47 9. On February 12, 2013, the commissioner of health subsequently noti-
48 fied the commissioner of environmental conservation that the public
49 health review was on-going and that the commissioner was evaluating the
50 three comprehensive studies of HVHF-related health impacts in conjunc-
51 tion with outside experts.
52 10. The purpose of this act is to assure the people of the state of
53 New York that all potential public health impacts posed by the
54 extraction of natural gas by means of HVHF are being adequately consid-
55 ered prior to the finalization of the revised SGEIS.
S. 4046 3
1 11. Natural gas prices have declined to the extent that industry
2 experts believe very limited HVHF would be conducted over the next 24
3 months in New York if HVHF is permitted. Little economic activity or job
4 creation would result until natural gas prices recover. The adequate
5 study and consideration of health impacts therefore will have no impact
6 in the near term on job creation in HVHF shale areas.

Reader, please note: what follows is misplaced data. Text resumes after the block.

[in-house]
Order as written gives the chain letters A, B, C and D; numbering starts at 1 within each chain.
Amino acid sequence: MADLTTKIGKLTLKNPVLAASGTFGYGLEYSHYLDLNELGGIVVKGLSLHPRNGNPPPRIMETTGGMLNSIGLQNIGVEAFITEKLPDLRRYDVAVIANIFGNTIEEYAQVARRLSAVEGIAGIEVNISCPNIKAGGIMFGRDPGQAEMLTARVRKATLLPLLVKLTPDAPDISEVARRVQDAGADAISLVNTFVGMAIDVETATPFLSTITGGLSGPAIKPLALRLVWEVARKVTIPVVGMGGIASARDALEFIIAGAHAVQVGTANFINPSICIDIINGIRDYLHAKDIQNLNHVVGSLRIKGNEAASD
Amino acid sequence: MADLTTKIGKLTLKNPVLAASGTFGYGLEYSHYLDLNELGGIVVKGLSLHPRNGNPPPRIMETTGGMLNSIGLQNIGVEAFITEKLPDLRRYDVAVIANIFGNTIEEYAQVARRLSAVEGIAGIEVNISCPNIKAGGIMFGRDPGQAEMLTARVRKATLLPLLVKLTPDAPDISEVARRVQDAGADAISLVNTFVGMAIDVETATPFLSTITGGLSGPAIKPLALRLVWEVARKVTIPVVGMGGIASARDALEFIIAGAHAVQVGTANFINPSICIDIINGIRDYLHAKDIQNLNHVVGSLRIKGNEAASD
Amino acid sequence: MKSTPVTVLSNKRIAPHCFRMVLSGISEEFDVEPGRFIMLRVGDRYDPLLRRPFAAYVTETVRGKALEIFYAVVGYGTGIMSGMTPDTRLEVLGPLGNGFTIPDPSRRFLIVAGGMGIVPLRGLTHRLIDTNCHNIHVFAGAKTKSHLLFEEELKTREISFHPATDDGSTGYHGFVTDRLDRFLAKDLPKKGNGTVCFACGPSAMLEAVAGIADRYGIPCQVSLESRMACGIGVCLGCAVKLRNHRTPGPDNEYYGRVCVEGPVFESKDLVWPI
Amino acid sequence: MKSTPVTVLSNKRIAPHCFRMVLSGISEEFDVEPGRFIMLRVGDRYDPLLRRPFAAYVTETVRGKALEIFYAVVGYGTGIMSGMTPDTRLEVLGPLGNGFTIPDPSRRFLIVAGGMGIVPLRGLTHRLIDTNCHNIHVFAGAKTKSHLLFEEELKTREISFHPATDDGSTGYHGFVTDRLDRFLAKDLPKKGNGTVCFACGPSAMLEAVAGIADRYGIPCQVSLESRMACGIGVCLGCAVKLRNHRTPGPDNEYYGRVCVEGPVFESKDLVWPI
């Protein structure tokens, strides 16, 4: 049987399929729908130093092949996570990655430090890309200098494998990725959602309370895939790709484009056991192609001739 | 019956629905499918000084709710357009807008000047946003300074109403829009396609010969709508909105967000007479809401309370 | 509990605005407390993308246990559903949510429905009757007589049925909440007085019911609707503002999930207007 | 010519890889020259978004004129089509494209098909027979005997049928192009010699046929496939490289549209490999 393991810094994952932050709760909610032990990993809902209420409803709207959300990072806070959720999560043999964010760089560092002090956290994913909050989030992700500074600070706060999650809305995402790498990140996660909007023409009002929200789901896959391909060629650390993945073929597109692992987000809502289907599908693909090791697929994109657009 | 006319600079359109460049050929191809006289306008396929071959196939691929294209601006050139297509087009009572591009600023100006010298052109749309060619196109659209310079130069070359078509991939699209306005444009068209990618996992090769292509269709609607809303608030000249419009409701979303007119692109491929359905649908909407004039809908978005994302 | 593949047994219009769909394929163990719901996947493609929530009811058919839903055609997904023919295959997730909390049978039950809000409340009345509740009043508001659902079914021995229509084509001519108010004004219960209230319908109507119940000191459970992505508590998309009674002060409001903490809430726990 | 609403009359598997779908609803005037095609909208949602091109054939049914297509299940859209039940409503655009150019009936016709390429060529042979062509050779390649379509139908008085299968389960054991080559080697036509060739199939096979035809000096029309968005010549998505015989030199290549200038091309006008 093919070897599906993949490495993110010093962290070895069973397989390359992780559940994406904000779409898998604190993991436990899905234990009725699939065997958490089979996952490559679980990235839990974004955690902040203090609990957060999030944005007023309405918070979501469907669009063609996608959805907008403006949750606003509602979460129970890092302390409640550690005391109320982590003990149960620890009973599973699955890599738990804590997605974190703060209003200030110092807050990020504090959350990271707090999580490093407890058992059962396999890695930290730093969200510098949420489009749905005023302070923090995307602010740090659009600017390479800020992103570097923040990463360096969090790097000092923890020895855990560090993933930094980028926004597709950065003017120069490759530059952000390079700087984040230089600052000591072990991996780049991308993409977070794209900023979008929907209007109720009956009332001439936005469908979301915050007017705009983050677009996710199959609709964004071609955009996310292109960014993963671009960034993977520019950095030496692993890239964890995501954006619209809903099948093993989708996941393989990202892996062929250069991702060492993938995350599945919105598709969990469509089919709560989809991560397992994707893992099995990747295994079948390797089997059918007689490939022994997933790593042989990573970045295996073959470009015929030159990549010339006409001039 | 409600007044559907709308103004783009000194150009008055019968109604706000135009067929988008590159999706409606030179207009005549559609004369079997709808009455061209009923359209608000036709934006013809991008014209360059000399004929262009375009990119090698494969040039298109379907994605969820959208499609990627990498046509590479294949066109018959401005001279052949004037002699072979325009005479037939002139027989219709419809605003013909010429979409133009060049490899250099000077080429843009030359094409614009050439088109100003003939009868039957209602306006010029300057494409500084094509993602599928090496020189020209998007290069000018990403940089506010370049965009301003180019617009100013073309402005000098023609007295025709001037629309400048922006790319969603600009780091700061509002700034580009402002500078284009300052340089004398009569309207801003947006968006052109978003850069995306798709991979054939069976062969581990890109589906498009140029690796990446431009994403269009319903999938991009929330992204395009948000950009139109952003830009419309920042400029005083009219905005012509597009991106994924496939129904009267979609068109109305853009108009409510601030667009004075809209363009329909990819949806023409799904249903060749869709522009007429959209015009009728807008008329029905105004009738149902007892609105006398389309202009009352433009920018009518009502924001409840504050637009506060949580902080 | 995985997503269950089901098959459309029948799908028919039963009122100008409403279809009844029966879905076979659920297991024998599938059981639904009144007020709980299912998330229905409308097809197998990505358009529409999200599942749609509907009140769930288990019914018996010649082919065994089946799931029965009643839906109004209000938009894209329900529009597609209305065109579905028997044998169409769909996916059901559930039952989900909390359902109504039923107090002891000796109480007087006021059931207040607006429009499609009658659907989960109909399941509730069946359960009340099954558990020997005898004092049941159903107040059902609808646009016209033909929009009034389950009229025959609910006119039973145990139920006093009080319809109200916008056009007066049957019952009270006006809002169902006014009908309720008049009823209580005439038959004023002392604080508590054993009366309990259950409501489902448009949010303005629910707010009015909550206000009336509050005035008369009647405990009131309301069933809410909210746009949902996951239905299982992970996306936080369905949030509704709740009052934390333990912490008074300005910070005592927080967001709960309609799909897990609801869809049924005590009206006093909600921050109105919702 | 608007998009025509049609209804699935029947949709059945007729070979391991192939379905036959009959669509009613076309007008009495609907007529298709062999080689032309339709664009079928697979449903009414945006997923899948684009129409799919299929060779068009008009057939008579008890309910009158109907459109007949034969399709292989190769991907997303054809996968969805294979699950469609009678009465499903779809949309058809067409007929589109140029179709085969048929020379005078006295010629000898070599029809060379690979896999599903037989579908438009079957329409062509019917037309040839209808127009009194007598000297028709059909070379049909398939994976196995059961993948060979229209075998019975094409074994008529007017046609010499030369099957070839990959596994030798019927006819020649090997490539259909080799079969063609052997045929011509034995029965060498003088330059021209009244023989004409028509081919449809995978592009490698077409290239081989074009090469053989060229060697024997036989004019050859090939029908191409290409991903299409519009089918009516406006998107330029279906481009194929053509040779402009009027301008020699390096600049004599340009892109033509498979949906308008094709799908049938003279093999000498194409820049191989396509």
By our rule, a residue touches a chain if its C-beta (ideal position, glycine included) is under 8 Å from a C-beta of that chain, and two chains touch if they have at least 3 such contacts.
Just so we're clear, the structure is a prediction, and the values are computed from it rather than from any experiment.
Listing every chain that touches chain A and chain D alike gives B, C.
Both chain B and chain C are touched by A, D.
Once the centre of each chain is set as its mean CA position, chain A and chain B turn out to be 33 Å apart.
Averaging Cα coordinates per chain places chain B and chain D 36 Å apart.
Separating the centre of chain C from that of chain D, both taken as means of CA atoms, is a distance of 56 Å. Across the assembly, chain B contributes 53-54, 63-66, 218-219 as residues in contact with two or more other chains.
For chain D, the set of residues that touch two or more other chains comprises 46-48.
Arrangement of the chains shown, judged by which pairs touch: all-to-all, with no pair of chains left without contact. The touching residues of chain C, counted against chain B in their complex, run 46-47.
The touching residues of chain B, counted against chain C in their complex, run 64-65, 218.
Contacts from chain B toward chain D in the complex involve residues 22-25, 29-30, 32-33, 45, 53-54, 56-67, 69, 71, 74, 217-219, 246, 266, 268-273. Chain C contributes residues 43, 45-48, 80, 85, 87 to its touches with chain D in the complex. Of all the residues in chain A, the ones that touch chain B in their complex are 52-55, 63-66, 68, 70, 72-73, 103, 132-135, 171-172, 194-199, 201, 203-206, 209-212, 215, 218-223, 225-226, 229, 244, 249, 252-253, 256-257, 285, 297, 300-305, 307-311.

7 S 2. The commissioner of environmental conservation shall not proceed
8 to finalize and publish the revised SGEIS prior to the expiration of a
9 24 month period following the effective date of this act or until the
10 commissioner of health determines that the completion of the studies
11 deemed relevant by the commissioner of health have produced data suffi-
12 cient to make a recommendation to the department of environmental
13 conservation regarding the permitting of HVHF in the state.
14 S 3. The commissioner of the department of environmental conservation
15 shall not proceed to finalize and publish the revised SGEIS prior
16 completion of the United States Environmental Protection Agency "Study
17 of the Potential Impacts of Hydraulic Fracturing on Drinking Water
18 Resources" and the Geisinger Marcellus Shale Initiative.
19 S 4. This act shall take effect immediately.